Thursday, January 31, 2008

HERC2 and eye color variation

OCA2 has been the one of the main genes thought to be responsible for eye color variation (see here). Now, two papers in AJHG (open access, here, here) show that SNPs in HERC2 may represent the strongest association with eye color. Dienekes and Razib have also covered these papers, including some maps of HERC2 SNP frequencies across Europe. Razib did some further digging and found a paper where they used cell culture to determine that a HERC2 SNP causes changes to OCA2 promoter activity... now we're getting somewhere! By the way, HERC2 is very close to OCA2 on chr. 15, and that region has been under recent selection in Europeans.
from the first abstract:
Testing markers in the HERC2-OCA2 region may be useful in forensic applications to predict eye color phenotypes of unknown persons of European genetic origin.
from the second abstract:
We conclude that the conserved region around rs12913832 (of HERC2) represents a regulatory region controlling constitutive expression of OCA2 and that the C allele at rs12913832 leads to decreased expression of OCA2, particularly within iris melanocytes, which we postulate to be the ultimate cause of blue eye color.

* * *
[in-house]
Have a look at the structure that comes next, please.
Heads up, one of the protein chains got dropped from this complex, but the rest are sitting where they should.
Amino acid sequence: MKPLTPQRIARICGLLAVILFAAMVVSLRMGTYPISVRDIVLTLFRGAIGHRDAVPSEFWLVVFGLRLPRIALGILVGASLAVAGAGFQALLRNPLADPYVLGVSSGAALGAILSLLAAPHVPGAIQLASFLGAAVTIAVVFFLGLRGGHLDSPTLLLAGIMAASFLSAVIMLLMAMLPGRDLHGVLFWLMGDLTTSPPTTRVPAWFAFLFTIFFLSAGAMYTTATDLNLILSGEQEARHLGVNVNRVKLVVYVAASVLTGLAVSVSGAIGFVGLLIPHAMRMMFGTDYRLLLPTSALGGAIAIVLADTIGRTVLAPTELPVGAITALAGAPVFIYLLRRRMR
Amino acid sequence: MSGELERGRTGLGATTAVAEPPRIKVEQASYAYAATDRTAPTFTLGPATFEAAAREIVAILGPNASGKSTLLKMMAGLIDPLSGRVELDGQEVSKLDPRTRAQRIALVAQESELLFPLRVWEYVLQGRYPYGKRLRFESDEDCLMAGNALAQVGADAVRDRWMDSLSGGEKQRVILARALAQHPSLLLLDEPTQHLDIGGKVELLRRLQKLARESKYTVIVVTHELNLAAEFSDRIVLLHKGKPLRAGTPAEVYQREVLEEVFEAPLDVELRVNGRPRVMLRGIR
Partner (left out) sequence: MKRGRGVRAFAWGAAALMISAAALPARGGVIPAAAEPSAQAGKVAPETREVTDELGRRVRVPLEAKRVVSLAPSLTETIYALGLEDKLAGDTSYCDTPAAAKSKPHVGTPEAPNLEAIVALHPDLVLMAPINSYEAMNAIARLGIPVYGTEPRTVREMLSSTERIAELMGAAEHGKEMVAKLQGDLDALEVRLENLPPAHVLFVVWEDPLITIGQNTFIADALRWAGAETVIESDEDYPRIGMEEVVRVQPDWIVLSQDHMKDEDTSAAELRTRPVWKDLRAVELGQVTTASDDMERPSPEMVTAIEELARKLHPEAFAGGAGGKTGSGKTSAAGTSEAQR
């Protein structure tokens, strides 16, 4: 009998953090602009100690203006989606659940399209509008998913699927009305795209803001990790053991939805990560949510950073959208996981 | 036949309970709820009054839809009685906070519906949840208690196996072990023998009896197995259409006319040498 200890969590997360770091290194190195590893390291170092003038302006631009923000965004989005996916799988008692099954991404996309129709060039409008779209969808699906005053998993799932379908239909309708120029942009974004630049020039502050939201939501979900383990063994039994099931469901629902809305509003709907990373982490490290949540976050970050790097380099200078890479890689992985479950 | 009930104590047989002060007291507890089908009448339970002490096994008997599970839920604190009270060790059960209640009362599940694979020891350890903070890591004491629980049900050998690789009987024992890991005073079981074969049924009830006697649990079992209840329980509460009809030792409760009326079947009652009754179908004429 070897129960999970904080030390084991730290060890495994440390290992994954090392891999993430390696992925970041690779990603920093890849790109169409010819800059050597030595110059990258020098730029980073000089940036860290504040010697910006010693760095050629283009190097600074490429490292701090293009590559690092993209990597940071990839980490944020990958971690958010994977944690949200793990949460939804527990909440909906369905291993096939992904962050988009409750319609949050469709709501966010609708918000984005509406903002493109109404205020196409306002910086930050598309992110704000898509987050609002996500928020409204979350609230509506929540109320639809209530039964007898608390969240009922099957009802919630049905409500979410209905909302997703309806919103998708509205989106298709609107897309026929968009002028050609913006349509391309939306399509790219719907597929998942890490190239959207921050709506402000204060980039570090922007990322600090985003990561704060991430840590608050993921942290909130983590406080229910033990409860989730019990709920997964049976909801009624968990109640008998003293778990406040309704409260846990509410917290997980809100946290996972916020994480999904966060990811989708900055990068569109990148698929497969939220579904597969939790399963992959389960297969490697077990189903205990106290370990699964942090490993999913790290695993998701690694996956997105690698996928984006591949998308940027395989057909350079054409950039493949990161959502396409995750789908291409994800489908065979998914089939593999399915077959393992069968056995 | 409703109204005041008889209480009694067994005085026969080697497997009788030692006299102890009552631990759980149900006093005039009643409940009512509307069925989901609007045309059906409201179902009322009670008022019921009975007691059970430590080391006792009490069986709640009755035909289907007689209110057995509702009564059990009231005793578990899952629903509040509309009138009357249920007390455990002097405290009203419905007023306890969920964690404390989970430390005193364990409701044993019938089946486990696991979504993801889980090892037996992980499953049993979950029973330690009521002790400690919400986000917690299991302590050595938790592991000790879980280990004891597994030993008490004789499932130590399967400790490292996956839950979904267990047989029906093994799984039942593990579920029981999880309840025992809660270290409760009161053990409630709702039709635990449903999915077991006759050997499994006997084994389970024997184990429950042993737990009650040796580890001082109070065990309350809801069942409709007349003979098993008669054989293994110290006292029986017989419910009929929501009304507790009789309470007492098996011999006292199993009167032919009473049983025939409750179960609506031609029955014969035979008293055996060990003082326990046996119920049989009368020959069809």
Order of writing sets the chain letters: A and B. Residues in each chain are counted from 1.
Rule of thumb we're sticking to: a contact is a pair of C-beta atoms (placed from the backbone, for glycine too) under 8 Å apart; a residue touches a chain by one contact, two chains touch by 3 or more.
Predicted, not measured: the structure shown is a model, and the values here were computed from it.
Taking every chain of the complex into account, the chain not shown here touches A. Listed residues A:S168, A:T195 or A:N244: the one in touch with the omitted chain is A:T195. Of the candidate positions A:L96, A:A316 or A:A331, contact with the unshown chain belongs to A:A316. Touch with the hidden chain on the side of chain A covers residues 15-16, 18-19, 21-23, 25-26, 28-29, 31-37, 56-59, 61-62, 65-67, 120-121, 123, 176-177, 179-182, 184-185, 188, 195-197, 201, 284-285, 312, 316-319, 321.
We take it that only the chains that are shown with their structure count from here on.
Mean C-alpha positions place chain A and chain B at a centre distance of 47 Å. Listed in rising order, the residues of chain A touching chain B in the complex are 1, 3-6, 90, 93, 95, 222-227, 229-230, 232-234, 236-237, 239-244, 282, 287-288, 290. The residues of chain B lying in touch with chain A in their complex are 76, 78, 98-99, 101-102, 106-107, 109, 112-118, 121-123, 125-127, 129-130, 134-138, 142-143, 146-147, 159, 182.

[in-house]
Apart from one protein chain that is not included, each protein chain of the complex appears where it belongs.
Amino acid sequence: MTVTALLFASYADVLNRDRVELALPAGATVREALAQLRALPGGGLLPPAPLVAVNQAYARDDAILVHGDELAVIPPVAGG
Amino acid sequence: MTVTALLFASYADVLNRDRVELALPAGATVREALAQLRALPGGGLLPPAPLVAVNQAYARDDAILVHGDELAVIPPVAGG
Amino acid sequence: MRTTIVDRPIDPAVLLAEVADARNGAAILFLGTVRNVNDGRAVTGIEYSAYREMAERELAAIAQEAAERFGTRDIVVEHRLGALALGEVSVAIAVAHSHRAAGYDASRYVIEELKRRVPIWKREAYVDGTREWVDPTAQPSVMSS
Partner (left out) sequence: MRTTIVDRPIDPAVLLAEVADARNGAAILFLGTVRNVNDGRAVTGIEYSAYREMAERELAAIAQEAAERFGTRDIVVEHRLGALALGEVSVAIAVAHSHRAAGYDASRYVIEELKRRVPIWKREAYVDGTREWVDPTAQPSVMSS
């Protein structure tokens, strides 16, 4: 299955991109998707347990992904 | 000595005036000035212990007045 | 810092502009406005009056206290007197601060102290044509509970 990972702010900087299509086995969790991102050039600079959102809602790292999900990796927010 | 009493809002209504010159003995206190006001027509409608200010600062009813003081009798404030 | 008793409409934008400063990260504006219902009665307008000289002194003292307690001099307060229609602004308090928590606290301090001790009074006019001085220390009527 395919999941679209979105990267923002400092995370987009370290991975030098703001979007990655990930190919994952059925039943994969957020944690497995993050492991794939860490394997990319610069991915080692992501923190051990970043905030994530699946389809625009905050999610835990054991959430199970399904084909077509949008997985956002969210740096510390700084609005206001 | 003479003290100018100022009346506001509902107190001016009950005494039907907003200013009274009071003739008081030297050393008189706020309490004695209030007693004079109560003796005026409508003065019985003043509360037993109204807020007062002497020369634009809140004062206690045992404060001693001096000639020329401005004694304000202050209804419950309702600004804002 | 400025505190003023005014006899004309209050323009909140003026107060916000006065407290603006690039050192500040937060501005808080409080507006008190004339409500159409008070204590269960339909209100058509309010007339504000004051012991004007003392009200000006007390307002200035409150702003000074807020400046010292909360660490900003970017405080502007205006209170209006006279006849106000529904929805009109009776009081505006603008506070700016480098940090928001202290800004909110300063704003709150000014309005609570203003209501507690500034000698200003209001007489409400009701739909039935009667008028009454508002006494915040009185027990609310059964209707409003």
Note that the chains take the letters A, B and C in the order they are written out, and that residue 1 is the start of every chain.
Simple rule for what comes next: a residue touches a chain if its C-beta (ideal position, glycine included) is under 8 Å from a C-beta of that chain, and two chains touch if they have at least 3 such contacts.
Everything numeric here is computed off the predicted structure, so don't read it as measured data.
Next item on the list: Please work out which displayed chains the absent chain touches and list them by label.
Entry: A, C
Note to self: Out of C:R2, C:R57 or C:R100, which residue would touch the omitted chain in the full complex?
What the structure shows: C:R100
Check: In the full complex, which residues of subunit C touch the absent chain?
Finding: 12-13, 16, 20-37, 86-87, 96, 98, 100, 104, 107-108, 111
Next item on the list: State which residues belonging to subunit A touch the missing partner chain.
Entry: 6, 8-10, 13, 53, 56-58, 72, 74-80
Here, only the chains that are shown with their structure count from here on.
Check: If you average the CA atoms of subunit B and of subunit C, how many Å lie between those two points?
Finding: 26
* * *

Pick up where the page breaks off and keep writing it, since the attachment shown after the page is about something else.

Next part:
Interestingly in the Kayser paper, none of the other candidate genes (MATP, ASIP, CYP1A2, TYRP1, CYP2C8, and CYP2C9 showed any association.
These studies makes you wonder about similar confounding (eg. hitchhiking) in other phenotype-genotype associations. Resolving this seems to require a combination of large independently replicated WGA studies, functional assays, as well as looking for what other genes lie in the regions of strong selection signals.
One also wonders if the effects of these loci are independent of variation in other pigmentation related traits.
I also wondered if they examined if there was the potential for confounding due to population stratification (which can happen in Europeans). It looks like they did in the Kayser paper, although I'm unclear about exactly how they did it, and in the Sturm paper, they say that 95% of subjects are of N. European origin. Related to this, Kayser et al. warn at the very end of their paper:
However, until more data become available, such a DNA-based iris color prediction test shall only be considered in individuals of whom a European genetic origin has been verified with appropriate ancestry-informative genetic markers.

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